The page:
The Indians solved their big, dumb issue in the bullpen. Though the departure of Francisco Mejia is quite sad, Brad Hand is en route to Cleveland and bolsters the bullpen. But the Indians were able to nab another man, another relief arm that could prove to be a huge difference maker in Adam Cimber. This is more than a throw-in. Cimber is one of the most unique pitchers in the game.
With just 48 Major League innings — and in the pitcher's paradise of Petco Park no less — it’s hard to get too firm a grasp of who and what Cimber is. But he does have one superlative attribute.
As FanGraphs’ Travis Sawchik noted back in May, Cimber’s release point is the second lowest in all of baseball. So, not quite a superlative, but close enough. Here’s an example:
This motion, and this release point, means that Cimber literally has a pitch that rises. Yes, it does succumb to gravity in some respect, but between his hand and the catcher’s glove, it climbs in elevation. Which has to absolutely freak hitters out the first time they see it. It’s not natural.
So having this attribute alone is, if nothing else, a very neat little piece for the bullpen. But in these 48 innings, and in all but one of his minor league seasons, Cimber forced batted balls into the ground more than half the time. This year he holds a 52.3 percent ground ball rate, which would be second highest on the Indians. In this era of fly ball mania and home runs everywhere, suppressing the fly ball is a vital attribute for a reliever. That, combined with a solid 26.3 percent K rate and a 21.3 percent K-BB%, immediately places him among the best arms the Indians have.
Now, there is some bad. While he does suppress the fly ball — his 23.4 percent fly ball rate is 14th among all qualified relievers – he’s also benefited in his home runs rates by playing not just in Petco, but also regularly in three other large parks in San Francisco, Los Angeles and Colorado (though that is off-set some, huh). So here’s all the non-ground balls he’s allowed, laid over Progressive Field:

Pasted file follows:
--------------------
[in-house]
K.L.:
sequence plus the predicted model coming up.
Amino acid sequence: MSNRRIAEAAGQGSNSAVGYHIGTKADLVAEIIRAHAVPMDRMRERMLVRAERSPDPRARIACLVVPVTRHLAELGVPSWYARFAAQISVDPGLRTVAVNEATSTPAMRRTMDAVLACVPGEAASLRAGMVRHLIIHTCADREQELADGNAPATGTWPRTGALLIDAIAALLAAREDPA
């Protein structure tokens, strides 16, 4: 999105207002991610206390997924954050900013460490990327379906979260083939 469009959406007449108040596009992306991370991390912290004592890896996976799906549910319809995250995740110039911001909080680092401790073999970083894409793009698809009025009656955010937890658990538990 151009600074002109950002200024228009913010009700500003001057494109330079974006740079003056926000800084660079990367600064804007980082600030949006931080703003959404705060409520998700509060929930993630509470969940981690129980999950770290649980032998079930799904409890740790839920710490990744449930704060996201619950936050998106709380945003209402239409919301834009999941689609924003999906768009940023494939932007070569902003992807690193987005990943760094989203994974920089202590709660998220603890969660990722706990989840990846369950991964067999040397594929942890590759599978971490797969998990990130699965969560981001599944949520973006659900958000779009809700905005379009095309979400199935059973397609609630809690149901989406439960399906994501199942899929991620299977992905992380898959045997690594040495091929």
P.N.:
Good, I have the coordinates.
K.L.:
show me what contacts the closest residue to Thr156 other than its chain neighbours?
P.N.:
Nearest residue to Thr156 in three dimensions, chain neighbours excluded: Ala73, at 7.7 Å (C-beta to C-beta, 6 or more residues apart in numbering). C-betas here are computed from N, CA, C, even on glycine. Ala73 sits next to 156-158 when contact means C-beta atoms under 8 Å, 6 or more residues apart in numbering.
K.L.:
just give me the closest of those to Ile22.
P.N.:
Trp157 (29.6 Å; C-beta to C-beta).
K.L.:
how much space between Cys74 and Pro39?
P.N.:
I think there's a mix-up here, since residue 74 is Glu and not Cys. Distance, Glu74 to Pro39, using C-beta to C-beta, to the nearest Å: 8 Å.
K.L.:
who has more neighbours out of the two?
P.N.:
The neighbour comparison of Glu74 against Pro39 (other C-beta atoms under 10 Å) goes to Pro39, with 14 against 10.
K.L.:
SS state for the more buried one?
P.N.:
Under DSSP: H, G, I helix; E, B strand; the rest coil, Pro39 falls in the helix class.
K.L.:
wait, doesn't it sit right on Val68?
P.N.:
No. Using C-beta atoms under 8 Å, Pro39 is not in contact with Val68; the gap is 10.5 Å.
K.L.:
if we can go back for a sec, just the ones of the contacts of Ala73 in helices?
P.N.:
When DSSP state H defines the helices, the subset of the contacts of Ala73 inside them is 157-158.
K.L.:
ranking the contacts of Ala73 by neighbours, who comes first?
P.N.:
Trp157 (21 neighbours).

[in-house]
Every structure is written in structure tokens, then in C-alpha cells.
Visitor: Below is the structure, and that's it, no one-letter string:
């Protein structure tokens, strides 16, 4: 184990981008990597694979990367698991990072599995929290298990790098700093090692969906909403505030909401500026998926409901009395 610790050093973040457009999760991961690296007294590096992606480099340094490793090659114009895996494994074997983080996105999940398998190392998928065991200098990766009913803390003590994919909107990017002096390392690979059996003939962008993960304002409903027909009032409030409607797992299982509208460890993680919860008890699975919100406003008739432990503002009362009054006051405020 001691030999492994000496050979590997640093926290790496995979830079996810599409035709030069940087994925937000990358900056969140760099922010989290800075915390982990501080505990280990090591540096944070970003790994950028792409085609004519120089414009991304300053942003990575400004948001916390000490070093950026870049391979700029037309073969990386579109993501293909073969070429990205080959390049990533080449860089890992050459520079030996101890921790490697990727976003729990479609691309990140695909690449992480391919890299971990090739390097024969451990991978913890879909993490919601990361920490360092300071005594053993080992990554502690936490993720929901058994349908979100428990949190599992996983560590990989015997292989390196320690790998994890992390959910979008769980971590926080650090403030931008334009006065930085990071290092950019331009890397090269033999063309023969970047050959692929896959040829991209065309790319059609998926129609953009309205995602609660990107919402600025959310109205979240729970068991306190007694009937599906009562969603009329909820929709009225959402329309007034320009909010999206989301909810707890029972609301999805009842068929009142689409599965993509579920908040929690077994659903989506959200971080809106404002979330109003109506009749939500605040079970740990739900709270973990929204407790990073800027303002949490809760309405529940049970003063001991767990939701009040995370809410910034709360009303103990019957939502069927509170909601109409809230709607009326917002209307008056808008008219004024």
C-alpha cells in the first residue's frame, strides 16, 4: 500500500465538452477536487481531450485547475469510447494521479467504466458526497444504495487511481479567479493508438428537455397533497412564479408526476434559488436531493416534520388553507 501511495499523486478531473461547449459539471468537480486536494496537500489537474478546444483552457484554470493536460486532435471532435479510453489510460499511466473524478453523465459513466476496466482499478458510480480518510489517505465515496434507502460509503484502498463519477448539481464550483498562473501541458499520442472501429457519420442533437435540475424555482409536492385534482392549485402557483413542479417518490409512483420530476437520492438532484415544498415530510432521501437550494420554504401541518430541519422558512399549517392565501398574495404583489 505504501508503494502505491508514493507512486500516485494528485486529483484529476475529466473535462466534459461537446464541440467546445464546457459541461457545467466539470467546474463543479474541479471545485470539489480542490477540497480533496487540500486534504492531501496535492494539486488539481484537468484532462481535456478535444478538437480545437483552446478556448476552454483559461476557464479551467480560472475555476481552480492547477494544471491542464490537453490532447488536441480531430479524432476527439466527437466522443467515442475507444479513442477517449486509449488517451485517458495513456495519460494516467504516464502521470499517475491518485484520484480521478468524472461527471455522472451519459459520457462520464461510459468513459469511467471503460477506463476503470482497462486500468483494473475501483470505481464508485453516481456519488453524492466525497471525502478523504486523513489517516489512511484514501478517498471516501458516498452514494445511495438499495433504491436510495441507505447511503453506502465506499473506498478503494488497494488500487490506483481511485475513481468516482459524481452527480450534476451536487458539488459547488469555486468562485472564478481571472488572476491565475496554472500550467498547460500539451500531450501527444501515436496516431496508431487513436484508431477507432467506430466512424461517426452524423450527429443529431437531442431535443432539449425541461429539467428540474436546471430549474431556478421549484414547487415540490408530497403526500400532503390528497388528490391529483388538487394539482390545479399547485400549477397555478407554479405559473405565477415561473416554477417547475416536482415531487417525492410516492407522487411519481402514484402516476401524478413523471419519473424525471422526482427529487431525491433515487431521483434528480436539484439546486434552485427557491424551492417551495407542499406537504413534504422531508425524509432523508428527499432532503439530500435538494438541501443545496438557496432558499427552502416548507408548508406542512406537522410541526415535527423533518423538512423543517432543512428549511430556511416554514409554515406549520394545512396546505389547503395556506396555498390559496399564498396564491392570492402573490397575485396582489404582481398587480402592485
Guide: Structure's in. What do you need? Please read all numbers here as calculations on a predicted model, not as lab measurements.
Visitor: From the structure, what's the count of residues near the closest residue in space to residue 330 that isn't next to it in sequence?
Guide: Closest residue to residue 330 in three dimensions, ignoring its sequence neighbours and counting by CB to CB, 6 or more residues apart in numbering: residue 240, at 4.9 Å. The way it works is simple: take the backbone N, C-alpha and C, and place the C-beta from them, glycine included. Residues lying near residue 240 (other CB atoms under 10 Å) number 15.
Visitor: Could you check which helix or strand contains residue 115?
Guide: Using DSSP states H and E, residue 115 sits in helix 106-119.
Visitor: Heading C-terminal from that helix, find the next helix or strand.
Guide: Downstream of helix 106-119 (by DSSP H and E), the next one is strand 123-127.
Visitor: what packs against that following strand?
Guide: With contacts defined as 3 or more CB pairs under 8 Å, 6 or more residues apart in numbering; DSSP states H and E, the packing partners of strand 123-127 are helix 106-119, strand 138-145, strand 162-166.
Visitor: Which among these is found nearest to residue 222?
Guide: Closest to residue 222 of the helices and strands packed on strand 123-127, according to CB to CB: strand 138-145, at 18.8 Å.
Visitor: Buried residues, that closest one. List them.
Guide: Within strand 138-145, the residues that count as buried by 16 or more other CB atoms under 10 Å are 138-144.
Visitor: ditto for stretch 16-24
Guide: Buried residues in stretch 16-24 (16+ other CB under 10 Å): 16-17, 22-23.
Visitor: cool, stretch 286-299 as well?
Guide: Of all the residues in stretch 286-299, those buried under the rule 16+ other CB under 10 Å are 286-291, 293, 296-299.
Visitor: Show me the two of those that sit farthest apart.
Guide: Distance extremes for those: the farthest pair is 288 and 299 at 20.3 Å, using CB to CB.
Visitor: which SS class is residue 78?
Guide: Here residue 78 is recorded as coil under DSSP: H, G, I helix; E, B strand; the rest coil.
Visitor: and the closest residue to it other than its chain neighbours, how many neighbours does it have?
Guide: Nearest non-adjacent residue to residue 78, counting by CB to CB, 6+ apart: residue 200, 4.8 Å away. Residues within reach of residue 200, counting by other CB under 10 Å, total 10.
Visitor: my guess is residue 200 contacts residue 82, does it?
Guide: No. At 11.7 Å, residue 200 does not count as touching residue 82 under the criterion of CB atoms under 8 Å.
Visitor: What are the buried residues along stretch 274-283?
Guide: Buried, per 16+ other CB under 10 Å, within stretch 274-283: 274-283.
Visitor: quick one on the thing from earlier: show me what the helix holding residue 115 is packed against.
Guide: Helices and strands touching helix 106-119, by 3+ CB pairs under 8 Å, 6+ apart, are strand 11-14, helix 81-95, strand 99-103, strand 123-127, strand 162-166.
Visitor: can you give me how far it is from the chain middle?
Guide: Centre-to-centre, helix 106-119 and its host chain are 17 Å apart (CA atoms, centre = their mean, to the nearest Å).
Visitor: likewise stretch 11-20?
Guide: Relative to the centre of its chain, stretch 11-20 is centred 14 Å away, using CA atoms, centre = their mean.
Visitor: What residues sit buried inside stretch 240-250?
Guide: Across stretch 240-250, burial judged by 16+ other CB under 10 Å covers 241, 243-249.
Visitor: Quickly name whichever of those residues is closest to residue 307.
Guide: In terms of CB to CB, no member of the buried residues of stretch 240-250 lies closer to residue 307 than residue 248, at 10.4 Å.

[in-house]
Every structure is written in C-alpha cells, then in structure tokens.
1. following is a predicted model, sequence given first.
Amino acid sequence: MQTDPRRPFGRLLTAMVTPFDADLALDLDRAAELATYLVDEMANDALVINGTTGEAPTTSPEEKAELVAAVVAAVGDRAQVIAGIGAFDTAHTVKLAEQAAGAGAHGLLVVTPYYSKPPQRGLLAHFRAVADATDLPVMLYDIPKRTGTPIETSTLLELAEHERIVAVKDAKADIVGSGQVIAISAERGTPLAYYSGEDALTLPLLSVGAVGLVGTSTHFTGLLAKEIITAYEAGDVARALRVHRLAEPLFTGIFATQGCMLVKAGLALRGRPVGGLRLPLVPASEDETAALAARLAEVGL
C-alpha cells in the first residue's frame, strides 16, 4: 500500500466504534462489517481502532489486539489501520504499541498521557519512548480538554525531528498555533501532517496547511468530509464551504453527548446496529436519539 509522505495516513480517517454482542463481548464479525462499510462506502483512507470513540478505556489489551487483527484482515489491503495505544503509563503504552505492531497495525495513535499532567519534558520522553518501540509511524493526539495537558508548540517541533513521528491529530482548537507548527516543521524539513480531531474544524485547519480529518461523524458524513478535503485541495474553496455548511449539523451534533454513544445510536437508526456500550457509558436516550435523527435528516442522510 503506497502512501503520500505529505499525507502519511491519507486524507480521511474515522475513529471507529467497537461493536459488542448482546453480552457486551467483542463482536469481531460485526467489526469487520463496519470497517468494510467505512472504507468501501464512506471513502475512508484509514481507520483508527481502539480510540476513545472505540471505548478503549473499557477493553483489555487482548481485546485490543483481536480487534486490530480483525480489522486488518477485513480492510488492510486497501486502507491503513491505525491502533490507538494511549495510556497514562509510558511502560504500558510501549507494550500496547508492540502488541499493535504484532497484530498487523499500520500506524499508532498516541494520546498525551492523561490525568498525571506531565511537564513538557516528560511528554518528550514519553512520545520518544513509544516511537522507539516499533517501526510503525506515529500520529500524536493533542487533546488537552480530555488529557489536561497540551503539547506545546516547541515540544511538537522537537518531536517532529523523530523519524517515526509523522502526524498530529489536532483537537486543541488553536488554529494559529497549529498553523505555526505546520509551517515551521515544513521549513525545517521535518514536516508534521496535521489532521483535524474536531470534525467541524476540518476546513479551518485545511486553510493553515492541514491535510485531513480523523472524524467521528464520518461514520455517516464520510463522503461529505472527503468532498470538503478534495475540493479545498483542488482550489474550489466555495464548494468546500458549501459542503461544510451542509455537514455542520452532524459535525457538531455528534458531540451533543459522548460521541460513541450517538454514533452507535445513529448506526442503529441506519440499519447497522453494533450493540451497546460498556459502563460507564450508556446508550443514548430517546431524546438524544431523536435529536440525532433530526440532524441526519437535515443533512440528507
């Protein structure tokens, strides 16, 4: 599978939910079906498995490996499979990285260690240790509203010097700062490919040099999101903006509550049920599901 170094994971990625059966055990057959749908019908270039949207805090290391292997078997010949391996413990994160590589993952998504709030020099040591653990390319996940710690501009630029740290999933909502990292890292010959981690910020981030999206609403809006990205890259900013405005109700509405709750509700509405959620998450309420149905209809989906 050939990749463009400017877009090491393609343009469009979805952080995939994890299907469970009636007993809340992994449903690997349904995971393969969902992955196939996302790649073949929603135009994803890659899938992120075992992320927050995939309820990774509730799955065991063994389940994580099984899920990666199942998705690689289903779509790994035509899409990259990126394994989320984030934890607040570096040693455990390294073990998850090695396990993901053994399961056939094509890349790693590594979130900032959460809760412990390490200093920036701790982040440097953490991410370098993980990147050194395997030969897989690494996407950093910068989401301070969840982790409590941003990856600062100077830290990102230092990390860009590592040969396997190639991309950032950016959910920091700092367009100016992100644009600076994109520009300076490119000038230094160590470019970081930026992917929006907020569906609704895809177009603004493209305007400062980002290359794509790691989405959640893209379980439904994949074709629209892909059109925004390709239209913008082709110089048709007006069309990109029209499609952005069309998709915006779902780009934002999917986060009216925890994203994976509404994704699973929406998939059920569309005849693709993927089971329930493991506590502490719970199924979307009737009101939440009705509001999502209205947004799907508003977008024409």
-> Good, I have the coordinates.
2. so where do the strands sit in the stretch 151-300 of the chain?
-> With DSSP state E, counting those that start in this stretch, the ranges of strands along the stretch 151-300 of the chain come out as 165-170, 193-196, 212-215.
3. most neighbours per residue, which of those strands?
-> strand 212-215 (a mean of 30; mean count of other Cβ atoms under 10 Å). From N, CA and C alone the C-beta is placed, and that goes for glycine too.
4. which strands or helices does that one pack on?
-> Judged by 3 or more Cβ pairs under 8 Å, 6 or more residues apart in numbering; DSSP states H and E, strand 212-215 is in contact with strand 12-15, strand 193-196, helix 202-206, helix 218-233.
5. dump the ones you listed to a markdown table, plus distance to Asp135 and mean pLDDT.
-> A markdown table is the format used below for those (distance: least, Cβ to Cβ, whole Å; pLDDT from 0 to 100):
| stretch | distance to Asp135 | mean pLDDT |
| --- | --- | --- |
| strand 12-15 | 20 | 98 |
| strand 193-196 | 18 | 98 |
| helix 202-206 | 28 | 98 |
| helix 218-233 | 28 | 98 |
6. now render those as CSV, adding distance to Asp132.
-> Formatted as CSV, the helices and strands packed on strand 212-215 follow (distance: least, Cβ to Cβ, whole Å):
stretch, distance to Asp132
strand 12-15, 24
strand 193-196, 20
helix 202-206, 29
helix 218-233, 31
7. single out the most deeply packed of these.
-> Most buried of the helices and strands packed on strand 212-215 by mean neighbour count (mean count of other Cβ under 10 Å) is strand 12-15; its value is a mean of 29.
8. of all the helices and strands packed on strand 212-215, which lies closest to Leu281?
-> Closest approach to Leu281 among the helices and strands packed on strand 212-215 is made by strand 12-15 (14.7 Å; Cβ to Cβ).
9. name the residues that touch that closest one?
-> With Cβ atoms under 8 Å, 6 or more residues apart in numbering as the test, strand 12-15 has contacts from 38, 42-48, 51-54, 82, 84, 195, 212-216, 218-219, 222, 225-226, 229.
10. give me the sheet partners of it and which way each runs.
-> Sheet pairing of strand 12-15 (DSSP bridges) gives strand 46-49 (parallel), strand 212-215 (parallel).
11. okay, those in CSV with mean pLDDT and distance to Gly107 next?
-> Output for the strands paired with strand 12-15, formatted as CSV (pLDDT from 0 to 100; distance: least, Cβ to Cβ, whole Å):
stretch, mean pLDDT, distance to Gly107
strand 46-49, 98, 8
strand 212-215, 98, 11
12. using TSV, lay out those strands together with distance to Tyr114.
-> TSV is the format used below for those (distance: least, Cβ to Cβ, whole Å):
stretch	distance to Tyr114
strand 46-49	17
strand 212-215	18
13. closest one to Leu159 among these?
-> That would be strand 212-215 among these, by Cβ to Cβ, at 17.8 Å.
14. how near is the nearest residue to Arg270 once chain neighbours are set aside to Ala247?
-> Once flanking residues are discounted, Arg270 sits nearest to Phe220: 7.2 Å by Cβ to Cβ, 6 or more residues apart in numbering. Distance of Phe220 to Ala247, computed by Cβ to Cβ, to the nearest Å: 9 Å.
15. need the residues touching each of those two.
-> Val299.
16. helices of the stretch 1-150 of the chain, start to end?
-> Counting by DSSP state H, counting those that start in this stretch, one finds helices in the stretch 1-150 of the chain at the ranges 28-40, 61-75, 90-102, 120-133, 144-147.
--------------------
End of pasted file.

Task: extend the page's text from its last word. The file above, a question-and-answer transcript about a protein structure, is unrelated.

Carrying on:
This is a quick and dirty way of analyzing how he’ll perform in a less pitcher-friendly park, though it is a bit disheartening. But the real problem is his track record against lefties. As freaky as that release point is to right-handed hitters , it simply opens him up more to be annihilated by southpaws. They get a lovely view of the ball out of his hand. He’s faced 69 of them so far and they’re hitting .288/.391/.569 off him, compared to .207/.221/.261 for righties. So at least he’s got a role, right? And the good news there is, between Aaron Judge, Giancarlo Stanton, Mookie Betts J.D. Martinez and most of the Astros, he’s going to be able to get some work in when the moments get big. In fact, considering the Indians will likely have at least three left-handed pitchers in the bullpen now with Hand, Miller and Oliver Perez (plus maybe Tyler Olson?), have they invented by sheer accident the role of the ROOGY? They’re always breaking ground.
This is a great pickup by itself — though he wouldn’t cost Mejia — but as an extra piece to get the deal done it’s a major win. Learning a third pitch to help him knock down lefties would be an incredible development, but even without that Cimber has a shot to be a surprisingly key piece in the Indians lefty-heavy bullpen. He’s unique and pretty darn good. You can’t ask for much more from a reliever.